The most commonly recognized innovation of inventor and boat designer Albert Hickman is the inverted V hullform he patented and brought to market as the Sea Sled in the mid 1900s. Dan Spurr’s article “Tough Sledding,” in Professional BoatBuilder magazine No. 178, traces the persistent updating efforts of yacht designer Jim Kyle as he refines the Sea Sled form for modern construction and markets. A bit of time in the WoodenBoat Publications library revealed that Kyle is not alone. Indeed, the undeniable efficiency of the hull type has drawn steady interest from naval architects and engineers over the decades despite some persistent performance and handling quirks. With the help of research librarian Pat Lown, I also found that Hickman’s obsession with efficiency didn’t stop with hull design. In a 1911 article he wrote for The Rudder magazine, Hickman describes the research into surface-piercing propellers he conducted in his less-than-sound test boat Viper. His description of the efficiency gained by having only the tips of the lower blades in the water is marvelously clear. And his account of the hands-on testing of the theory in a leaky boat on the river between the first snows of the season is a reminder that innovation comes most bountifully from those who put their ideas to the test immediately in spite of impracticalities. Hickman’s narrative was remarkably like Spurr’s reporting about his own days on the lake with Kyle, testing variations on the Sea Sled, and altering the hull shape with a grinder and body filler overnight.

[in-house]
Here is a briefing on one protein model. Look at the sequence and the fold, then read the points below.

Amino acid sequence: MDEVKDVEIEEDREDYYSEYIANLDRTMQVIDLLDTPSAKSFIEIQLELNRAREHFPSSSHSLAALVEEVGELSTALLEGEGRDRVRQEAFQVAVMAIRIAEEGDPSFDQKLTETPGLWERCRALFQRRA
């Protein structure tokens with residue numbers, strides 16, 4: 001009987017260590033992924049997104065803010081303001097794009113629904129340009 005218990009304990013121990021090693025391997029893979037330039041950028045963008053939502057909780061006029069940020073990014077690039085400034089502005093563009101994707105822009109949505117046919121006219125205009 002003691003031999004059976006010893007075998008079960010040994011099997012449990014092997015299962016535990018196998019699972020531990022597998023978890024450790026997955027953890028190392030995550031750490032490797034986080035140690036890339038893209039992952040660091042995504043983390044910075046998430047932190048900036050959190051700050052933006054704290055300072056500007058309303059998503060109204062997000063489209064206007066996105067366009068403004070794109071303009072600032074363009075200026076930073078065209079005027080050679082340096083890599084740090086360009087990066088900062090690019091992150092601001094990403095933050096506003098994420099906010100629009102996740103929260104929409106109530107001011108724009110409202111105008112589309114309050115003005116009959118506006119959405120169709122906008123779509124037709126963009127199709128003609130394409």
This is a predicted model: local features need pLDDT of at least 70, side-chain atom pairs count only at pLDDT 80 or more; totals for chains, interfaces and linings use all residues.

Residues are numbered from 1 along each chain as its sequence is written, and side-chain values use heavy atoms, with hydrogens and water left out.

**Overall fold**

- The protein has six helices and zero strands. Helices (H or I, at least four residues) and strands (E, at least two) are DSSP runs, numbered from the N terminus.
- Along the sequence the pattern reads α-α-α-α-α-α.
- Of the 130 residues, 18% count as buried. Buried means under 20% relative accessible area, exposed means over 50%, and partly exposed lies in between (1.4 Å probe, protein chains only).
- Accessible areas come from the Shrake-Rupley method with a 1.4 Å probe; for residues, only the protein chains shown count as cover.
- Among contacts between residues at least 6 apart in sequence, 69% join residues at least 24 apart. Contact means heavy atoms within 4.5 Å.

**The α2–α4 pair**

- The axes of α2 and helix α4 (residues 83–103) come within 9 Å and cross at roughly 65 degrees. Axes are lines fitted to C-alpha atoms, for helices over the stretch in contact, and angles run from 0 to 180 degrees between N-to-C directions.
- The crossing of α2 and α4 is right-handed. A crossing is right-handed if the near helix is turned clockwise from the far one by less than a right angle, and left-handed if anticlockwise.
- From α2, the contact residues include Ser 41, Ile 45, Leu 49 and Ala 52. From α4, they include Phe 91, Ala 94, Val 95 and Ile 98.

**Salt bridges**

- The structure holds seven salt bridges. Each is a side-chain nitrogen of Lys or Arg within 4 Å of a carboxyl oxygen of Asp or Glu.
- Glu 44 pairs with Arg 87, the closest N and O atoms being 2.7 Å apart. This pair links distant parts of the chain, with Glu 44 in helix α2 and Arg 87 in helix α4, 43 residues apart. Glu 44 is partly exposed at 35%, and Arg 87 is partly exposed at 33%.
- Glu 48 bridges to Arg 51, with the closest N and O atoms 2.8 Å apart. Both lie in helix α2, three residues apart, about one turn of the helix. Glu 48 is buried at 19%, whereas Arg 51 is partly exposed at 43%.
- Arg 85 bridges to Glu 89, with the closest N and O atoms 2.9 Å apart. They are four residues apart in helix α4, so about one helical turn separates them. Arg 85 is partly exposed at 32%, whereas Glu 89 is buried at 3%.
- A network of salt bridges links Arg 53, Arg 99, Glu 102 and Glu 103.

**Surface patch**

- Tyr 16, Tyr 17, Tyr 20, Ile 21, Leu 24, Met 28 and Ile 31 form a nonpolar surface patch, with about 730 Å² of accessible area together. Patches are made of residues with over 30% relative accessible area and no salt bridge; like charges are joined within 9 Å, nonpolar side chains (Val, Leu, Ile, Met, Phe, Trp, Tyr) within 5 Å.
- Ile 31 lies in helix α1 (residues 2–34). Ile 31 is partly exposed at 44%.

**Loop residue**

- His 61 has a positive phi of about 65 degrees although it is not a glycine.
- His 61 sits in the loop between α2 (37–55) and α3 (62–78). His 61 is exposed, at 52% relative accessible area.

Thanks to Lown and PBB art director Blythe Heepe, we have scanned and sharpened Hickman’s original text and share it here with our readers who have an appetite for first drafts of good ideas.
—Aaron Porter, Editor